On 28 March 1997, at 1055, the SAR and Fishery Patrol vessel "GORDON REID" anchored in Norman Morrison Bay, Campbell Island, in a position 52º11.8'N., 128º11.6'W.

Another vessel, the "TANU", performing the same task, anchored in the same bay approximately 3 cables east of the "GORDON REID". Both vessels were standing-by in the general area of a subsequent herring opening and were waiting for a fleet of fishing boats to arrive.

The deck crew on the "GORDON REID" performed their normal duties. They stood two 12-hour deck watches, each watch including a deck officer and two deck-hands. The master did not keep regular watches but was called to the wheel-house whenever necessary.

Shortly before midnight, the chief mate and two deck-hands took over the watch. It was a dark night, overcast with rain and a strong south-easterly wind gusting up to 35 knots. The sea state was described as a heavy chop and the visibility was reduced in the rain.

At approximately 0125 on 29 March, an urgency call, "PAN PAN", from a water taxi off Bella Bella, having problems with the propulsion, was intercepted on the "GORDON REID". The call was addressed to and was responded to by MCTS Prince Rupert. However, the OOW on the "GORDON REID", aware of the nature of the call and the area it came from, ordered his watch to prepare the FRC "G.R.1" for launching.

At 0131 the "GORDON REID" was tasked by the Rescue Coordination Centre(RCC) Victoria to attend to the occurrence, which was some seven miles from Norman Morrison Bay.

The master was called to the wheel-house and the "G.R.1" was launched with three persons on board, that is, the entire deck watch. They all wore floater suits, caps, goggles, boots and gloves. They did not wear safety helmets.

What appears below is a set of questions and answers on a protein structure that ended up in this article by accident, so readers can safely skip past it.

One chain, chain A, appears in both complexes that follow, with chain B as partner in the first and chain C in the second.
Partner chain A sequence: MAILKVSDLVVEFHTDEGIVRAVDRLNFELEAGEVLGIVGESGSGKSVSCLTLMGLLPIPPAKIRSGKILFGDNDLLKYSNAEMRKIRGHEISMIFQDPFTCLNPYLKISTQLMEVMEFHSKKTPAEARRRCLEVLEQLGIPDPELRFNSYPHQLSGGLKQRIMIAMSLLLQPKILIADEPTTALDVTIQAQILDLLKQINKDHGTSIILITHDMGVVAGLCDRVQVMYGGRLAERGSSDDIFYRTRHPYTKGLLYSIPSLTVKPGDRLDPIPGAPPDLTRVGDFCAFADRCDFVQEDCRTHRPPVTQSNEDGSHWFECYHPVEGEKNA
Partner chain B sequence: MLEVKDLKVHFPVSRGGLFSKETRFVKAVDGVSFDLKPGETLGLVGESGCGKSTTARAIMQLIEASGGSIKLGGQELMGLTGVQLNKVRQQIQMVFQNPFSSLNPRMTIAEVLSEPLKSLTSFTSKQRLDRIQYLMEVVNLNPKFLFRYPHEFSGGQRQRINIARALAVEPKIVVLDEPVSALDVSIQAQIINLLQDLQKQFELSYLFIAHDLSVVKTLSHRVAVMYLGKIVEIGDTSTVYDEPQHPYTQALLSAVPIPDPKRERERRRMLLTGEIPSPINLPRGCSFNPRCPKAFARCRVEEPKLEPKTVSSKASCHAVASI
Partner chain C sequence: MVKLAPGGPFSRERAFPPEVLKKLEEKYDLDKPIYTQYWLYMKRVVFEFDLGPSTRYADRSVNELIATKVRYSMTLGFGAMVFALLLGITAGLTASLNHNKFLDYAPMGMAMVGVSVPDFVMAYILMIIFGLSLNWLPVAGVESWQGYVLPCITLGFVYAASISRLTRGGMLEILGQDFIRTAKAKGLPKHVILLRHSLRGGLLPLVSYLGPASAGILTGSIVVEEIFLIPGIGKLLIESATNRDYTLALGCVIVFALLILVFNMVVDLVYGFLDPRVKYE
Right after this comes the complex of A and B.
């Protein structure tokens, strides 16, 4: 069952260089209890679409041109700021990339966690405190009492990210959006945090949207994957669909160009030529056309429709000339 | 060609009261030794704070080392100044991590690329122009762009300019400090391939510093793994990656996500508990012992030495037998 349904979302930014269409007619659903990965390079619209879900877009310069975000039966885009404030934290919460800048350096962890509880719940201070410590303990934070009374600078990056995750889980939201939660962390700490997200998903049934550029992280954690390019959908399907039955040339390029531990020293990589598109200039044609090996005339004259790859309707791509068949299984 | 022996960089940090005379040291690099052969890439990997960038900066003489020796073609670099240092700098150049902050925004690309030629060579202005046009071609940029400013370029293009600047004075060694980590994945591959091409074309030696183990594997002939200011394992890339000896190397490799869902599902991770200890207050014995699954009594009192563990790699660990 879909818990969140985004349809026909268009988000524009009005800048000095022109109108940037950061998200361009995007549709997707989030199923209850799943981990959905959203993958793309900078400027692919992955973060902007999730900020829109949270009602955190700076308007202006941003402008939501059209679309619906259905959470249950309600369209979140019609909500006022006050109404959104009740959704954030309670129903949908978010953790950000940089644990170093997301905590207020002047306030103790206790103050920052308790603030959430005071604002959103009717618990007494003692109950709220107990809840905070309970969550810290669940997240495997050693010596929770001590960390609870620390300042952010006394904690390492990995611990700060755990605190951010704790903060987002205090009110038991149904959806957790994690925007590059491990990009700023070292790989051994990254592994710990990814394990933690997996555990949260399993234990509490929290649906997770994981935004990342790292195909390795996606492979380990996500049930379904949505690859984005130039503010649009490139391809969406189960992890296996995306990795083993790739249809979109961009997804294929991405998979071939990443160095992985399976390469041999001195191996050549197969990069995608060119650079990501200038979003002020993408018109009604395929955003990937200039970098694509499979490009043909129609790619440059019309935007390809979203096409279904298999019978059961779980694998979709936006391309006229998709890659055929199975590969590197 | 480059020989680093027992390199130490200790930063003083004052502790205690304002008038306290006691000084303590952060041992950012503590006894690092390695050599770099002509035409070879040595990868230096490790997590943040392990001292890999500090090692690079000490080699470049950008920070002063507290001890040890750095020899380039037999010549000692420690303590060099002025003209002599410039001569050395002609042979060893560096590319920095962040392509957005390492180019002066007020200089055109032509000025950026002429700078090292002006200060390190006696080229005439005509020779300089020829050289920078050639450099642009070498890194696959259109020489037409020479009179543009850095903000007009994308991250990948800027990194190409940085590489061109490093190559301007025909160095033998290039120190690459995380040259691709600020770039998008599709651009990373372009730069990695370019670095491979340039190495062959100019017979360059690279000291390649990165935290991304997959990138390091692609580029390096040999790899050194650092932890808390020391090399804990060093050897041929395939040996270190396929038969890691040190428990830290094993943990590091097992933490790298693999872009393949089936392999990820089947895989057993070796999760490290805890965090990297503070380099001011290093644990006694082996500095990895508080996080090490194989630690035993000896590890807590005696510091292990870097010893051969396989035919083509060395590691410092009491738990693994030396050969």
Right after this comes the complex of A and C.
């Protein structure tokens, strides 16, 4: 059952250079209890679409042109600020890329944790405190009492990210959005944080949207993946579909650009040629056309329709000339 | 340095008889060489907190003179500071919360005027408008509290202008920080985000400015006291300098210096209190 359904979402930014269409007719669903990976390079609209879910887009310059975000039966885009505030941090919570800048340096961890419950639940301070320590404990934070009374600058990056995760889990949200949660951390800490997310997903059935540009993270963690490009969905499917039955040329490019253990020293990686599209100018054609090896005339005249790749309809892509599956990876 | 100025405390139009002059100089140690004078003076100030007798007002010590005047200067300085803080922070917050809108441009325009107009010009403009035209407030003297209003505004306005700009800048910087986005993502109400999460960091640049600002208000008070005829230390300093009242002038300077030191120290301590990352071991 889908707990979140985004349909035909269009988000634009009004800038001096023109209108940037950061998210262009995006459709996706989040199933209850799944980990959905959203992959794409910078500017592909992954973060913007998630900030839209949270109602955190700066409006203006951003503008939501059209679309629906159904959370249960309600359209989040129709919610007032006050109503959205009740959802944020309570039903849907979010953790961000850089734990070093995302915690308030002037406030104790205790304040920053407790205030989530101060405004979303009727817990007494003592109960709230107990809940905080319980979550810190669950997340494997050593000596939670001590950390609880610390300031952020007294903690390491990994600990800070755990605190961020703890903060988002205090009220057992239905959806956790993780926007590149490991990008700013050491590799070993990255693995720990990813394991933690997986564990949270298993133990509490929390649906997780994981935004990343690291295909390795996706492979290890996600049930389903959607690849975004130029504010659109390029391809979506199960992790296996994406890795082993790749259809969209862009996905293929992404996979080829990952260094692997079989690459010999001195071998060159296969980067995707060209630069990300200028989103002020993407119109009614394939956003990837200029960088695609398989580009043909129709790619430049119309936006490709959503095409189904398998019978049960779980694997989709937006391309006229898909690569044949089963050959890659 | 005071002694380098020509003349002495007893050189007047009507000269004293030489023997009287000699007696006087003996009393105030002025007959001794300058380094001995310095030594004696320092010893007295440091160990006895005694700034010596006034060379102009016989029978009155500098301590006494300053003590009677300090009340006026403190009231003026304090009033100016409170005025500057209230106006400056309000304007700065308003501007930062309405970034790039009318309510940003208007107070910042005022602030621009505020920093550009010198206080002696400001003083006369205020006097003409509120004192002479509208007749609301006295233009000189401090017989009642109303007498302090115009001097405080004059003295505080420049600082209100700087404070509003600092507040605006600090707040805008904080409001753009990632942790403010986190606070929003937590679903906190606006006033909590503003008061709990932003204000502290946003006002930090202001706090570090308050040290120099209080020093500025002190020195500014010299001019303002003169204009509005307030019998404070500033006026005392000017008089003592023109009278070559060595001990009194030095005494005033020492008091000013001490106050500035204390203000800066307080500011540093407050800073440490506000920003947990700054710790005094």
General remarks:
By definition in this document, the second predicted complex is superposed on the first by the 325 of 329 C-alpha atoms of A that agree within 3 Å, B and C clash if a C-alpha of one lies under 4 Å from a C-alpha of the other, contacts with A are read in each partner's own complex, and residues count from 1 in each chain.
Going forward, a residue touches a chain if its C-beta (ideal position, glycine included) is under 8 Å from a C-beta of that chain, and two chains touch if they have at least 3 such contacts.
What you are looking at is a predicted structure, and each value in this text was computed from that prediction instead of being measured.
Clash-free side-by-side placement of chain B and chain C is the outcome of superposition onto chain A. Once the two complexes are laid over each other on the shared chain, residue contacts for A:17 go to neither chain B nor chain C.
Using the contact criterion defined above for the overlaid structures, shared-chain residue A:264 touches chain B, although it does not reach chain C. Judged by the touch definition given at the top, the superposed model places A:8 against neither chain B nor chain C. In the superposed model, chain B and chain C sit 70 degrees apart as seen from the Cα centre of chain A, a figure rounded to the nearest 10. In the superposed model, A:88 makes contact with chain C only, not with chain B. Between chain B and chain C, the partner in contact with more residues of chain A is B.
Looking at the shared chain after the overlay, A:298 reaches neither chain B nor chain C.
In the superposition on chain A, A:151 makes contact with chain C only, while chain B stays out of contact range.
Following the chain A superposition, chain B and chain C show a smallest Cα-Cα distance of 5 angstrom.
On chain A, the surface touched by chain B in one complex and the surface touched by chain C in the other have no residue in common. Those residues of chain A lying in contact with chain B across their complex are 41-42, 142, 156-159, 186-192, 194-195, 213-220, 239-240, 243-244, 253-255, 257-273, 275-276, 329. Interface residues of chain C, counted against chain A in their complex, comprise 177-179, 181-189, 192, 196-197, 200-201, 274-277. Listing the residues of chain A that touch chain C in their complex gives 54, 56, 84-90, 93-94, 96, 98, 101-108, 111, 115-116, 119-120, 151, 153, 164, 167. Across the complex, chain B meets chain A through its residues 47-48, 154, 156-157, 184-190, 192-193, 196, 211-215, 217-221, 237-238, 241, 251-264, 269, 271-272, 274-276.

The boat's equipment was checked and found in good working order. However, the previous crew of the "GORDON REID" indicated that the heading marker on the boat's radar was observed to be misaligned. Bearing this information in mind, the mate decided to test the radar before final departure.

At 0136, upon leaving the vessel's ramp, the mate ordered the wheelsman to take the boat approximately 1 cable away, turn around and steady the boat's head onto the "GORDON REID". The SAR vessel would still be visible from the boat. At the same time the mate compared the radar picture with the visual sighting.

No error was found. The heading marker was lined up with the boat's bow and with the "GORDON REID'S" target on the radar PPI-screen. Satisfied with the result, the mate then told the wheelsman to turn the boat away from the "GORDON REID".

The mate was familiar with the area and also had a chart on board. He knew that to depart from the bay he would have to proceed at first in a general northerly direction. He would then pass between Kintail Point on Campbell Island and Hose Point on Horsfall Island, leaving the latter on the port side.

The wheelsman was turning the FRC towards the starboard side, away from the "GORDON REID", and increasing the speed. The radar, operating on low ranges between 0.25 and 0.5 mile, was the only aid they used to navigate the boat. The available spotlight was not used. The mate was aware that the rain, reflected in the beam of light, would impair their visibility. This effect rendered the spotlight useless during the mission.

A few seconds later the mate noticed that an echo of a land-mass had appeared dead ahead and near the edge of the PPI. Assuming that it was the point on Horsfall Island, he ordered the wheelsman to steer more to starboard. As the echo of the land was getting wider and still dead ahead, and the distance was decreasing, the mate gave orders to bring the boat a further 20º to starboard. He also tried to adjust the controls of the radar.